“New Zealand has some of the most impressive and desirable V8-powered muscle cars and street machines in the world. To celebrate the passion for these vehicles, NZV8 magazine’s editor Todd Wylie has selected what he feels are his top 100 from the first 100 issues of the magazine.” (Syndetics summary)

Syndetics book coverPaul Atterbury’s favourite railway journeys.
“For many people train travel is just a necessity, a quick and efficient means of transport that tends to be taken for granted, until it goes wrong. Yet, a train journey can be so much more, bringing together history, land scape and the particular but ever-changing view of Britain through the carriage window. Much of the network in use today, and its infrastructure, is a legacy of the 19th century, built by Victorian entrepreneurs and engineers… ” (adapted from book jacket)

Syndetics book coverExploring Britain’s lost railways / Julian Holland.
“Thousands of miles of britain’s railways were closed during the 20th century, many following the implementation of the ‘Beeching Report’ in the 1960s and early 1970s. Since then, many have been converted to footpaths and cycleways. Fortunately, both the keen wlaker and railway enthusiast can enjoy these well-worn routes and hidden byways in peace and tranquility. Follow the routes of over 50 long-closed lines across some of our most beautiful countryside and discover the lost railways of britain.” (Book jacket)

Syndetics book coverThe big book of flight / Rowland White.
The big book of flight is a celebration of anything to do with flight and flying, packed with derring-do stories of aviation’s pineers as well as fascinating profiles of remarkable planes fron Spitfires to Space Shuttles – and a number of other wondrous projects that never quite got off the drawing board.” (Book jacket)

Syndetics book coverArea 51 black jets / Bill Yenne.
“Since the mid-1950s, Area 51 (aka the -Nevada Test and Training Range, Homey Airport, and more), a desolate, dry lake bed in the southern Nevada desert, has operated as a clandestine CIA-U.S. Air Force–Lockheed Corporation test site for ongoing cutting-edge research in U.S. flight technology. In July 2013, following a Freedom of Information Act (FOIA) request filed nearly a decade earlier, the CIA finally acknowledged the existence of Area 51 for the first time by declassifying documents outlining the mandate and history of the base. -Military historian Yenne’s (Aces High) insightful study provides an illustrated chronology of many of Area 51’s premier aircraft projects, which include Lockheed’s U-2 and SR-71 spy planes, a range of drones, from the early Lockheed D-21 to the contemporary Predator, and the F-117 Nighthawk stealth fighter.” (adapted from Syndetics summary)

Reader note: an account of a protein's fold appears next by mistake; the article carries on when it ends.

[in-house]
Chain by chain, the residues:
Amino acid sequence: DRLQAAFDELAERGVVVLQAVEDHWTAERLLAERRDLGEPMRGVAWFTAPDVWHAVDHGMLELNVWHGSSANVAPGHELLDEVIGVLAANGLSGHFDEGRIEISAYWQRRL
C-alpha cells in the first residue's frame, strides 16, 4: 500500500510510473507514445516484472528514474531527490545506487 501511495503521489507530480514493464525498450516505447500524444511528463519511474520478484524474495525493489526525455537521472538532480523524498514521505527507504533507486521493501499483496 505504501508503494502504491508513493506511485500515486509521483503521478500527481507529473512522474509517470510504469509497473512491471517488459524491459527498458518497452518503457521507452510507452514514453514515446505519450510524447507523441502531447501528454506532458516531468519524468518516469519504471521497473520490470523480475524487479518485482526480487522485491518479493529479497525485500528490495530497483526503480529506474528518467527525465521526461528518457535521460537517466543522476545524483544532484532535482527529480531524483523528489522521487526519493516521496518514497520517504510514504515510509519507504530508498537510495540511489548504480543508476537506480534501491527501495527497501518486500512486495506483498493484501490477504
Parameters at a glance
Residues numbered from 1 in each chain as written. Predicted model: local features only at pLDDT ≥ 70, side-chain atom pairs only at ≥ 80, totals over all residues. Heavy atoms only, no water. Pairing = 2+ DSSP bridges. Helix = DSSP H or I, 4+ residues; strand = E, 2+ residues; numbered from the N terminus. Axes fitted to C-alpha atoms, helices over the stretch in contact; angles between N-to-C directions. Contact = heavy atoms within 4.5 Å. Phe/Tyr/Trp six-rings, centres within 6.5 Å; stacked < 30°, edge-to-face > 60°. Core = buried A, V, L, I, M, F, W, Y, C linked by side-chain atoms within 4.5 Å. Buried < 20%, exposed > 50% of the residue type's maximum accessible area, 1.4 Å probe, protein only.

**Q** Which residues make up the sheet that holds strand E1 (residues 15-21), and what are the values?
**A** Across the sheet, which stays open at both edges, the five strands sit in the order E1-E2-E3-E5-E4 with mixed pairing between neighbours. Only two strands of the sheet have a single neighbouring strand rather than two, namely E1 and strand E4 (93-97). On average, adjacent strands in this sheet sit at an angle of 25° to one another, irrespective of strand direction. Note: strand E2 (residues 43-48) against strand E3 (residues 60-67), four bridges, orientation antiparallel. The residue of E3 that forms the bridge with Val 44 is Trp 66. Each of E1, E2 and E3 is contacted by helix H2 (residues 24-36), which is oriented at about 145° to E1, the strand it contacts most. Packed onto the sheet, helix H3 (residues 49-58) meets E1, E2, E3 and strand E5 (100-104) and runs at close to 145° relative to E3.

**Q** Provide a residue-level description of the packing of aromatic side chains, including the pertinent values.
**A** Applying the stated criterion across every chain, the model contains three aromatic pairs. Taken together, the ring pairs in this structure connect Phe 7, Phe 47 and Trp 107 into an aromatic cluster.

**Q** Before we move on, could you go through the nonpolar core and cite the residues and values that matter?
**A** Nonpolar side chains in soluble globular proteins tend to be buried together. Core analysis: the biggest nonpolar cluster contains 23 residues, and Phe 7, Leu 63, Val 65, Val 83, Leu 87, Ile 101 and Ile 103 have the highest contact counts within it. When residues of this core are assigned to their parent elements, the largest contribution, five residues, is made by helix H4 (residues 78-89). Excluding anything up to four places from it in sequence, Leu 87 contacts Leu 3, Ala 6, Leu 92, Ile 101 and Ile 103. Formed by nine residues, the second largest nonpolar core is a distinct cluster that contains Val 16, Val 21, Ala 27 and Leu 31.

New Cars and Transport Books

Strange but true tales of car collecting and the history of the London Underground are included here.

Syndetics book coverBRM : the saga of British racing motors / Doug Nye and Tony Rudd.
“Re-issue of an award-winning book which has been described as the most comprehensively researched and written history ever produced of a Formula 1 racing team. Doug Nye is the world’s most respected author and researcher on the historic racing scene and Tony Rudd’s distinguished motor industry career included many years as BRM designer and chief engineer. Little wonder, then, that their first volume of BRM v the Saga of British Racing Motors was hailed as the most detailed and authoritative history of a grand prix team ever published… Having unique access to the BRM company files, the authors have delved deeply into the emotion-charged background to the BRM team’s creation, its near-collapse and then its troubled survival prior to its final emergence as a front-running Grand Prix team. The team’s creator Raymond Mays and its great benefactor Sir Alfred Owen, as well as drivers like Stirling Moss, Juan Manuel Fangio, Froilan Gonzales, Tony Brooks, Jo Bonnier and many other stars of the past all figure prominently in this remarkable motor racing saga.” (adapted from Syndetics summary)

Syndetics book coverWorking the London Underground from 1863 to 2013 / Ben Pedroche.
“Used extensively and somewhat taken for granted by millions of commuters and tourists every day, the London Underground has long been a part of our national heritage and way of life. It was the first underground railway in the world, and is now central to lives of millions of Londoners. Here Ben Pedroche explores the realities of building the railway from the beginning, 150 years ago, exploring this dangerous, back-breaking job and how it culminated in the rail system we see today. He works his way through the construction and working history of this iconic system, until reaching modern day, including stories from London Underground workers and their real-life experiences. Backed up with sixty stunning archive and modern photographs, this is a book that anyone interested in the London Underground or London history cannot do without.” (Syndetics summary)

Syndetics book cover“Strange but true tales of car collecting : drowned Bugattis, buried Belvederes, felonious Ferraris, and other wild stories of automotive misadventure / by Keith Martin and Linda Clark.